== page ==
Transcatheter aortic valve replacement (TAVR) has seen worldwide explosive growth. The current USA guidelines no longer use risk in choosing between TAVR and surgical aortic valve replacement, and the European guidelines have extended the recommendation for TAVR to lower risk groups.1,2 This rapid expansion has been driven by data from randomized trials showing TAVR as either non-inferior or superior to surgery.3–6 The ACURATE neo2™ system (Boston Scientific, Marlborough, MA, USA) was declared CE marked by the manufacturer for use in Europe in higher-risk patients. The current ACURATE IDE trial (NCT03735667) will test the ACURATE neo2 valve against commercially available valves in all risk categories in the USA.7 This manuscript will discuss the valve system, the current data and why this valve may be a good choice in all risk groups, but particularly in younger, lower-risk patients.
The ACURATE neo2 valve maintains key features of the ACURATE neo™ while introducing new innovations designed to alleviate some of the most common complications of TAVR (Figure 1). The valve is comprised of a self-expanding nitinol frame with porcine pericardium leaflets in a supra-annular position, which favours large effective orifice areas (EOAs) and low transvalvular gradients.8,9 The top-down, two-step deployment provides haemodynamic stability during the procedure, with annular co-axial alignment aided by the stabilization arches. The radial force exerted by the valve frame is relatively low, reducing the risk of annular rupture and mechanical injury during implantation.8 The ACURATE neo2 has an open-cell design, which facilitates coronary access, and the upper crown both anchors the valve to reduce the risk of embolization and captures the native valve leaflets to provide coronary clearance.8,10 The lower crown of the valve protrudes minimally into the left ventricular outflow tract to reduce the risk of conduction system interference.8,9
While both the neo and neo2 valves have a pericardial sealing skirt to reduce paravalvular leak (PVL), the skirt on the ACURATE neo2 is 60% larger, reaching to the waist of the stent. Additionally, the flexible ACURATE neo delivery catheter has been upgraded with a new atraumatic tip design, and when coupled with the low-profile expandable introducer, is able to accommodate a wide range of complex patient anatomies. The ACURATE neo2 also features a new radiopaque positioning marker to enhance visualization and accuracy. Valve sizing remains the same, with the largest valve treating up to a 27 mm annulus, and the addition of a larger valve planned. Valve crimping and loading remains essentially unchanged in the new system.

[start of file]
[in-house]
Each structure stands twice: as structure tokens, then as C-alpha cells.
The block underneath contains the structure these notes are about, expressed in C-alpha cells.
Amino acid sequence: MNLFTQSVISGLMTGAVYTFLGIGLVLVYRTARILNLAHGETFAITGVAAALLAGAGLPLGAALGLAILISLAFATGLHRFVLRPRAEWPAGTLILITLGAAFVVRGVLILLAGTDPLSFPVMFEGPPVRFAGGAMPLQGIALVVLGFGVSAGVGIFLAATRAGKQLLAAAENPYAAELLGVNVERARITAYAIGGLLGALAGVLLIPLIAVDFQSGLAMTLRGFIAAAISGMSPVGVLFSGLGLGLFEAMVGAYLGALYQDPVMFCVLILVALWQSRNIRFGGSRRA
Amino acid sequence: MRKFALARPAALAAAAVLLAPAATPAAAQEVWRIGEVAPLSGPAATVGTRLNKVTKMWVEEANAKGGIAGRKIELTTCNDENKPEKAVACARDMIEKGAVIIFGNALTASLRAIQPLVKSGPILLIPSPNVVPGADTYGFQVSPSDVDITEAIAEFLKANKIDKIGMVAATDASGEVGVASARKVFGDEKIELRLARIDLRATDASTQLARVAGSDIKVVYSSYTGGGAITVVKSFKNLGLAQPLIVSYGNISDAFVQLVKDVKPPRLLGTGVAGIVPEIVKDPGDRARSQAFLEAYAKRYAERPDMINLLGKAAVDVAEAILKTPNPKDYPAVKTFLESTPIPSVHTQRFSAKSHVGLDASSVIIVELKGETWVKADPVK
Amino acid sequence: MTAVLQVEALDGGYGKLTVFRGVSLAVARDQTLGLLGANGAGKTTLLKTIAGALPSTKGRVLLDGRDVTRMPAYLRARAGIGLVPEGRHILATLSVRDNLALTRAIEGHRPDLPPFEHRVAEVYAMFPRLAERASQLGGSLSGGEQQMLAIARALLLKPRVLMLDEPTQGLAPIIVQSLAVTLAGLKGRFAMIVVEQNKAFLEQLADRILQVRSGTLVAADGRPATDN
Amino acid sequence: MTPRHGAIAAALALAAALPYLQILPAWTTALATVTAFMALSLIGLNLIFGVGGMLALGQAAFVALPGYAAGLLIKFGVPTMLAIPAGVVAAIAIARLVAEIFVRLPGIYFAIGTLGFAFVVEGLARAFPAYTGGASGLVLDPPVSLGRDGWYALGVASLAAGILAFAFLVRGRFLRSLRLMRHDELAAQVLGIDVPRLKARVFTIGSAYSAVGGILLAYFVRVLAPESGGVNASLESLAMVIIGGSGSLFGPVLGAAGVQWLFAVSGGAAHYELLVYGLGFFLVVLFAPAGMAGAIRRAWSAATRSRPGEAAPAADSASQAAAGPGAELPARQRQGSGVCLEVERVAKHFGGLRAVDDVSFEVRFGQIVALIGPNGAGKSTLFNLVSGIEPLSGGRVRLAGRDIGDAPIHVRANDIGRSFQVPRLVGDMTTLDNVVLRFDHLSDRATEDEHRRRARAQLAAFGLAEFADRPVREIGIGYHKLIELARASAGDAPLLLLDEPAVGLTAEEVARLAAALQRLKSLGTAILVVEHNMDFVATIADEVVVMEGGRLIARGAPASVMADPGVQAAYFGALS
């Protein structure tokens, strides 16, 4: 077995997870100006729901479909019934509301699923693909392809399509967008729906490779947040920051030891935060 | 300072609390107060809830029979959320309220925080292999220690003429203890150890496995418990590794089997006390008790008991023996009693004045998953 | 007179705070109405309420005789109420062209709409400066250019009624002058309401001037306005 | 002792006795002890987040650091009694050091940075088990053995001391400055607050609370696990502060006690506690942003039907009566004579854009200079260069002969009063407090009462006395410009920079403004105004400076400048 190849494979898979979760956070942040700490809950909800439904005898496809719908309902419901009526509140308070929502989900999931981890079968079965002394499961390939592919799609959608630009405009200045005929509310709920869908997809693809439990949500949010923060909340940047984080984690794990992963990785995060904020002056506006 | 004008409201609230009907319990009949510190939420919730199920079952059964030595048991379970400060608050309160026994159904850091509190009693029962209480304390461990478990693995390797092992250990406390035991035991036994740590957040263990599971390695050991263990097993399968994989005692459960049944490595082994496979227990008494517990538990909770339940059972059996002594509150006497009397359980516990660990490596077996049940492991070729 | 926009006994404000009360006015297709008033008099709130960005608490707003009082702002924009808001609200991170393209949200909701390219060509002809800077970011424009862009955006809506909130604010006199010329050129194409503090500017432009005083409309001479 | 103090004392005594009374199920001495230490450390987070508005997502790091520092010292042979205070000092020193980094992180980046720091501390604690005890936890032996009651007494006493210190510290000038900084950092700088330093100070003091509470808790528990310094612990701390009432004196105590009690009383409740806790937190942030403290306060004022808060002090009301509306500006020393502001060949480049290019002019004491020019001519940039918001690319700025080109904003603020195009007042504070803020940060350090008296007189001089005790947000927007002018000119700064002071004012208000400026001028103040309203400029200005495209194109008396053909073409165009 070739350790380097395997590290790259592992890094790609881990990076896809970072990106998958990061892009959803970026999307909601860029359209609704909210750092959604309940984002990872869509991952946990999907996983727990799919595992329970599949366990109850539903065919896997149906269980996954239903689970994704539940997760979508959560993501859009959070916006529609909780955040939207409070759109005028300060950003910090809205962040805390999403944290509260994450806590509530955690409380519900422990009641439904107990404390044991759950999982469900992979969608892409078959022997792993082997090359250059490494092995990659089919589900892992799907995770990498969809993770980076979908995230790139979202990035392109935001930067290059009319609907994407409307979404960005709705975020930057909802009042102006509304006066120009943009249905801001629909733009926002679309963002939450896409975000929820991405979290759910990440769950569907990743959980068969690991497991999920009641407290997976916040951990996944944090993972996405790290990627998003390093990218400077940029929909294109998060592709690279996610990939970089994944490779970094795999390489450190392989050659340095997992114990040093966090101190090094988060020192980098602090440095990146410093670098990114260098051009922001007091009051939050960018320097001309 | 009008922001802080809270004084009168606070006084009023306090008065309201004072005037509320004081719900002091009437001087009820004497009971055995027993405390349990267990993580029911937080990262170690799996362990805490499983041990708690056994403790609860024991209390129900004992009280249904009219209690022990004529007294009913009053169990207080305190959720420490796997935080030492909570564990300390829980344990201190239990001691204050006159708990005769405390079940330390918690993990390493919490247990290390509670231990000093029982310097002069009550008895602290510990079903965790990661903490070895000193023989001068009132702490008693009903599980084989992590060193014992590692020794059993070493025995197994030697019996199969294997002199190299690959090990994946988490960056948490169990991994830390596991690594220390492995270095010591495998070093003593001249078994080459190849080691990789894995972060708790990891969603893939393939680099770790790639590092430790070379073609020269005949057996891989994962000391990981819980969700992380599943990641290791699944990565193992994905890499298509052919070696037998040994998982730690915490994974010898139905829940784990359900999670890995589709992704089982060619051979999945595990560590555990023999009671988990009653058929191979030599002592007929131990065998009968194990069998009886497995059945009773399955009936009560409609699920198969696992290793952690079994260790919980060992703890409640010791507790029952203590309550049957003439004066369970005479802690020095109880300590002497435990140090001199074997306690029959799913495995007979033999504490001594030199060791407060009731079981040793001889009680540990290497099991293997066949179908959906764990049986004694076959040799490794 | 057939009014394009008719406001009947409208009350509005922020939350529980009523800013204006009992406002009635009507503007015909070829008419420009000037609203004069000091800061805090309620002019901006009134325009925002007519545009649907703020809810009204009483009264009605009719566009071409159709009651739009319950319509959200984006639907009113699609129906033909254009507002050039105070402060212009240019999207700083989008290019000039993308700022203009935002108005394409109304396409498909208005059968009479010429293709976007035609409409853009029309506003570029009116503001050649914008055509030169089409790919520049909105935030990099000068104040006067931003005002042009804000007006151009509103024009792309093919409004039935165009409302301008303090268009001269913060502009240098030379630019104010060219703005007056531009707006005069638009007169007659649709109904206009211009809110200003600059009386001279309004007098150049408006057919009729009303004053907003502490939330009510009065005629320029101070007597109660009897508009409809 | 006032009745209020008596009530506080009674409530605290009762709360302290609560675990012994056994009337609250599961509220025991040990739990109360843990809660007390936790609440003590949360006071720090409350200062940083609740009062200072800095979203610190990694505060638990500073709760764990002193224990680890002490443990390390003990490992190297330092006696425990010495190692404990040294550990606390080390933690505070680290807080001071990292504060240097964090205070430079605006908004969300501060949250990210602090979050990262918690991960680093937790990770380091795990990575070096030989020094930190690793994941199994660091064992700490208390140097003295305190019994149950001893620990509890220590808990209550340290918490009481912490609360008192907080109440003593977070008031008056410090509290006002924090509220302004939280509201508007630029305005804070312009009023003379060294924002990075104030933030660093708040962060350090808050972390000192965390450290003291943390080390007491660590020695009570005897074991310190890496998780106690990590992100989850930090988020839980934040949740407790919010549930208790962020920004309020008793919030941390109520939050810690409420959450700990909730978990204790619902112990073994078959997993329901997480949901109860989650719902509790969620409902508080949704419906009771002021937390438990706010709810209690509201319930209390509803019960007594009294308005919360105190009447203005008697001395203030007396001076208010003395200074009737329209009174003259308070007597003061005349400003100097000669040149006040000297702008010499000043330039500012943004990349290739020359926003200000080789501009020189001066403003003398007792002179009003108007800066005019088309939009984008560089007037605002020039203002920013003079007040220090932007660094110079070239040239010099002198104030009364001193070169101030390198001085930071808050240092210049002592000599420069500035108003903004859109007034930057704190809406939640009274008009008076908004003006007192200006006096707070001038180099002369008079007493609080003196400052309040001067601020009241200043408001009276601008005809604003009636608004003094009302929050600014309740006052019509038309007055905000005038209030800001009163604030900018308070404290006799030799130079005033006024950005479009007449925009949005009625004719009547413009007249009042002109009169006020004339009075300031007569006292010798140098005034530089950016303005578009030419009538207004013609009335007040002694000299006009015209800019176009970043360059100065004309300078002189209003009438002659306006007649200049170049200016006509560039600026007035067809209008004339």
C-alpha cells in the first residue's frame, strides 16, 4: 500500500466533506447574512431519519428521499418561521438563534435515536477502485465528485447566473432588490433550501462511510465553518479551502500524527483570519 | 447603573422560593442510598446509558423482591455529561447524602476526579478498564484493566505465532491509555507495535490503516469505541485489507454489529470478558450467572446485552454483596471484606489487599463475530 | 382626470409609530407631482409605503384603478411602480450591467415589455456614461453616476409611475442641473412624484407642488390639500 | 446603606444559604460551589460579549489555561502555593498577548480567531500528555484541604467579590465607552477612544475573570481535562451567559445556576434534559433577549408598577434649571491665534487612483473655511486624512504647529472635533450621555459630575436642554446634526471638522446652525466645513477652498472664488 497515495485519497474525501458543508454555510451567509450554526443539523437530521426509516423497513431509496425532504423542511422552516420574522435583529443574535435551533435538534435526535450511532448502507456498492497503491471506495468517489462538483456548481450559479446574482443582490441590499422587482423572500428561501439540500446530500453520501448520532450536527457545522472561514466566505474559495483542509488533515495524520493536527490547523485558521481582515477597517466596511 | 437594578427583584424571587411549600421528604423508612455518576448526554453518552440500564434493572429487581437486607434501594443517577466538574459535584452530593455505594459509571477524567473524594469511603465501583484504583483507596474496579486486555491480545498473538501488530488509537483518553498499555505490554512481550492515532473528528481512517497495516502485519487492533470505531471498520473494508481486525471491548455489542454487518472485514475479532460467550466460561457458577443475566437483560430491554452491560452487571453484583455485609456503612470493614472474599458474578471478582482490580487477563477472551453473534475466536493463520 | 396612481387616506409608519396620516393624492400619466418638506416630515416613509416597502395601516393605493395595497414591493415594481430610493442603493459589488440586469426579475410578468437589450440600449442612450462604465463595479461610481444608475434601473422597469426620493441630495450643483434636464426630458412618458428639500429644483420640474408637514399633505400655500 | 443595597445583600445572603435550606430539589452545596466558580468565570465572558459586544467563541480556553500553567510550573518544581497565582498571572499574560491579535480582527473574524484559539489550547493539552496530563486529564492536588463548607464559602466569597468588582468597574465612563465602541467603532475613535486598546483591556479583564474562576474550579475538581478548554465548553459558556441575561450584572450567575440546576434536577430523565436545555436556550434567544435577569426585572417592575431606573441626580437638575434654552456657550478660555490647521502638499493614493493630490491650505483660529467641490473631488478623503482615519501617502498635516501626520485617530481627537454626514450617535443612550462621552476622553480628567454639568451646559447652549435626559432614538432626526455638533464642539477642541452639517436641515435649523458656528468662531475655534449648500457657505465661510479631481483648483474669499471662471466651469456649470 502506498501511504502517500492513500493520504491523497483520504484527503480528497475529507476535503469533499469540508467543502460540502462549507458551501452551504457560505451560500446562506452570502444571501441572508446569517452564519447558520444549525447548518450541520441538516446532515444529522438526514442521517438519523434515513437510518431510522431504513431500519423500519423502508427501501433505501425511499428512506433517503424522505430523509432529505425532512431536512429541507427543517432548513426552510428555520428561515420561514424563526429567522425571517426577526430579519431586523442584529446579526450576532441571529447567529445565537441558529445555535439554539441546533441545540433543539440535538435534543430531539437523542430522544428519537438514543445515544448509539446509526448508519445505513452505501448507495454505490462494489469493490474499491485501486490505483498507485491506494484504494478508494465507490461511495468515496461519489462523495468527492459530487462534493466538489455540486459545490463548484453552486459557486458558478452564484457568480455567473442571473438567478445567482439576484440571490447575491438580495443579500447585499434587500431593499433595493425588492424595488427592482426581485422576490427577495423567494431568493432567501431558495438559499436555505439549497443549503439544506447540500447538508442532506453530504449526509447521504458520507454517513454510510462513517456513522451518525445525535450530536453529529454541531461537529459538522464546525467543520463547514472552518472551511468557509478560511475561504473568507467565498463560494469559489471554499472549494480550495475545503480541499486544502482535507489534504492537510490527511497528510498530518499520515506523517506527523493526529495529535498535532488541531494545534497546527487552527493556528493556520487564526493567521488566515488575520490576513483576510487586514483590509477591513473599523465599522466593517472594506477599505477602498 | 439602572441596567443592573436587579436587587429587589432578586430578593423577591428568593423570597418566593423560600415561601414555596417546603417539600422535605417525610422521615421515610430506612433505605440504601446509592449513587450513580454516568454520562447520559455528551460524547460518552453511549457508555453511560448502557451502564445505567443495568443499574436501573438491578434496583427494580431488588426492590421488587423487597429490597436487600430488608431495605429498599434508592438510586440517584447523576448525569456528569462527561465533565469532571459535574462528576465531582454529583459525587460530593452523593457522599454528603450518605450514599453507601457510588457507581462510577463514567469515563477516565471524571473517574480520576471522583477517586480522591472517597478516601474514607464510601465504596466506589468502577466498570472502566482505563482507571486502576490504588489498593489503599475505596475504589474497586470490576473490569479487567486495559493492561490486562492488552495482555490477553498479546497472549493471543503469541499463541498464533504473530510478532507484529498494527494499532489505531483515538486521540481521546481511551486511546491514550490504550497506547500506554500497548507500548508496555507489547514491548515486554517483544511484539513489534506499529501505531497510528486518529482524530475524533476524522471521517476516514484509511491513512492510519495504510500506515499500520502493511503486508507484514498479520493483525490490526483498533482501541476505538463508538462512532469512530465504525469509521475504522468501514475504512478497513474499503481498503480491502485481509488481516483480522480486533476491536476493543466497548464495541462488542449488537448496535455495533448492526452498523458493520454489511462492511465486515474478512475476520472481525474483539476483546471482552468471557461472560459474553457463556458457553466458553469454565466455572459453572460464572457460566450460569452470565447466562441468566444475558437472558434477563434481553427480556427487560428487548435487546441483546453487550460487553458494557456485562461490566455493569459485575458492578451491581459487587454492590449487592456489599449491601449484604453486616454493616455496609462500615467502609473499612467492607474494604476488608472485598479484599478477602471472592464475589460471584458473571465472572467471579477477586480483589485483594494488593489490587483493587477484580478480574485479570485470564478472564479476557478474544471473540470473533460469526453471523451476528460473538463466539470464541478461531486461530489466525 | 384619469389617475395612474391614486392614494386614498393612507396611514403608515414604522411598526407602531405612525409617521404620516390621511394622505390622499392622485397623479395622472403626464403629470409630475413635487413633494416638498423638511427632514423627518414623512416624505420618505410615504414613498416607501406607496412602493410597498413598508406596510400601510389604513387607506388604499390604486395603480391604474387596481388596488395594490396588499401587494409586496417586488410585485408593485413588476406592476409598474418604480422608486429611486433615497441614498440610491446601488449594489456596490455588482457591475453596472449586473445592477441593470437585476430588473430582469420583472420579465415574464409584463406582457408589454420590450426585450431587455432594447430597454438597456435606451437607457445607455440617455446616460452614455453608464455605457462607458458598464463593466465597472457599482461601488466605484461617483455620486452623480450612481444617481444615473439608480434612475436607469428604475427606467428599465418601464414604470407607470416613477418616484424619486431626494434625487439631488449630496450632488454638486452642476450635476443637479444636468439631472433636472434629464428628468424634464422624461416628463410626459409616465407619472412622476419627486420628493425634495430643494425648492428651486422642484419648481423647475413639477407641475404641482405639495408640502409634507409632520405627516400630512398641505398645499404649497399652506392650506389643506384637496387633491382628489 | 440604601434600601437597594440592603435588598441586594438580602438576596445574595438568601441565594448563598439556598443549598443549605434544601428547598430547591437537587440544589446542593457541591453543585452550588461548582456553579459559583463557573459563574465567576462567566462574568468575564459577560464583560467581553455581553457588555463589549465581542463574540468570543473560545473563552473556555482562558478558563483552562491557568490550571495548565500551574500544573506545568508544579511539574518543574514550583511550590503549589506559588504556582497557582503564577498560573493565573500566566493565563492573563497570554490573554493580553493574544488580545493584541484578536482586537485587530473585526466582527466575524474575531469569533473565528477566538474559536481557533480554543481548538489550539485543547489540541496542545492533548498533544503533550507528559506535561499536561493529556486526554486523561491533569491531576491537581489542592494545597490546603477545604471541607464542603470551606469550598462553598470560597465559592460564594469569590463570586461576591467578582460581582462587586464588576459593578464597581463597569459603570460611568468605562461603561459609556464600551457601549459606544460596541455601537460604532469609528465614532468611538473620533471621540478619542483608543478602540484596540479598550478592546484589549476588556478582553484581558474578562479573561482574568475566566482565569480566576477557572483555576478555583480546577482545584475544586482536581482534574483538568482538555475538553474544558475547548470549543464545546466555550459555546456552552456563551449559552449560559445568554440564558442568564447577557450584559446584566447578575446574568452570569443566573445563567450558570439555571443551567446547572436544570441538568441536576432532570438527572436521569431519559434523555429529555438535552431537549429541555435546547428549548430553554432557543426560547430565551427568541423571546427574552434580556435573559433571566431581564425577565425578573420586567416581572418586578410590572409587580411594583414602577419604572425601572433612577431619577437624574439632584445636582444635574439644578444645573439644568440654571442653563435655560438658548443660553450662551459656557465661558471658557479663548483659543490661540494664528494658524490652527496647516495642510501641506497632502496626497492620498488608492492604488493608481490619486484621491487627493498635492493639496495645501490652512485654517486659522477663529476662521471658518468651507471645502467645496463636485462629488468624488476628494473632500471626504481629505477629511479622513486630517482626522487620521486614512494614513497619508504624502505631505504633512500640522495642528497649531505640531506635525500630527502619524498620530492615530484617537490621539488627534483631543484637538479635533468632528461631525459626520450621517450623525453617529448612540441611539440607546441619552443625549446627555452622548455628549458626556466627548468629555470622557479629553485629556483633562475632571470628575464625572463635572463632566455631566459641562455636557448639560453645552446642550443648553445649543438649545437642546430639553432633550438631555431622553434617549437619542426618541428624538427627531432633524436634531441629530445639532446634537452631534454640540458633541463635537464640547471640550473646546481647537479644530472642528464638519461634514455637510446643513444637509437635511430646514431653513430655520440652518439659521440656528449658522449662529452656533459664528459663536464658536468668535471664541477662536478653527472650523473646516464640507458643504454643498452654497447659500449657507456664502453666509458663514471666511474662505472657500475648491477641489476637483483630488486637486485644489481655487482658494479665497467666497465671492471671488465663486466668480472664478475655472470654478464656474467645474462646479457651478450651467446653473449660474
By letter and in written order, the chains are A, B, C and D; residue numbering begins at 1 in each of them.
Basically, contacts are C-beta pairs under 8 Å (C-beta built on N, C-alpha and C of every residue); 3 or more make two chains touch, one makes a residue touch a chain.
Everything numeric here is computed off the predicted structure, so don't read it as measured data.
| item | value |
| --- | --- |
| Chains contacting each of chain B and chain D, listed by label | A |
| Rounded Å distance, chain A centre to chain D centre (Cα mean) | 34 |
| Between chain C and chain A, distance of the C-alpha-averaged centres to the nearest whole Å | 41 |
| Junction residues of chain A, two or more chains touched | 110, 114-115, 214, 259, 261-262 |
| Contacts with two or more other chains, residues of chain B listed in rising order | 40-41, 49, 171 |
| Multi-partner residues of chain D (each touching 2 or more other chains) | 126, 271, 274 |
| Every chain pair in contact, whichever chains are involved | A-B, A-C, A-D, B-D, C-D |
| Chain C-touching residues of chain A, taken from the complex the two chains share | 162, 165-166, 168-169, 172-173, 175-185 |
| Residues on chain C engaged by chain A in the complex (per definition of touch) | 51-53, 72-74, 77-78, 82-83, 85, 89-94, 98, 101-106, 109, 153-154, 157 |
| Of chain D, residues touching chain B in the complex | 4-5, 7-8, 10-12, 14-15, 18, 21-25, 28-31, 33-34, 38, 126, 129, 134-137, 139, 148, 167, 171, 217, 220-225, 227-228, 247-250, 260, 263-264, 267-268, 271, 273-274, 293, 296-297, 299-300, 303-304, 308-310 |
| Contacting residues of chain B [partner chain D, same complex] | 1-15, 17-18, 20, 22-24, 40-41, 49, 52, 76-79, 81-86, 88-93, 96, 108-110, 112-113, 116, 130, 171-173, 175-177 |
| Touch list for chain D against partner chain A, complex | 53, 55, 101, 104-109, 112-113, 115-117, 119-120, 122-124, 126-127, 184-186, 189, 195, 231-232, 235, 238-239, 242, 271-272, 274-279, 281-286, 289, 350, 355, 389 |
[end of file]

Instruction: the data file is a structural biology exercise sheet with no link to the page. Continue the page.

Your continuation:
ACURATE clinical evidence
Initial safety and effectiveness of transfemoral TAVR with the ACURATE neo valve were demonstrated in the TF89 ‘CE-approval cohort’ (NCT03003650) and confirmed by the 1,000-patient SAVI-TF post-market registry (NCT02306226).11–13 SAVI-TF had a procedural success rate of 98.7%, with no instances of annular rupture, ventricular septal perforation or coronary obstruction requiring intervention, and no cases of endocarditis or valve thrombosis through 30 days. Patients exhibited favourable clinical outcomes – the 1-year mortality rate (8.0%) was comparable to that observed in large registries of Sapien 3 (Edwards Lifesciences, Irvine, CA, USA) (11.8% in SOURCE 3; NCT02698956), CoreValve (Medtronic, Minneapolis, MN, USA) (16.0% in ADVANCE ; NCT01074658), and Lotus (Boston Scientific, Marlborough, MA, USA) (11.7% in RESPOND; NCT02031302) – and the rate of permanent pacemaker implantation was low (8.3% at 30 days and 9.9% at 1 year).14–19 Patients in SAVI-TF exhibited low gradients and large EOAs (Table 1), as expected for a supra-annular valve, and a low rate of moderate or greater PVL at hospital discharge (4.1%) and at 1 year (3.6%).8,9,11-13,20–30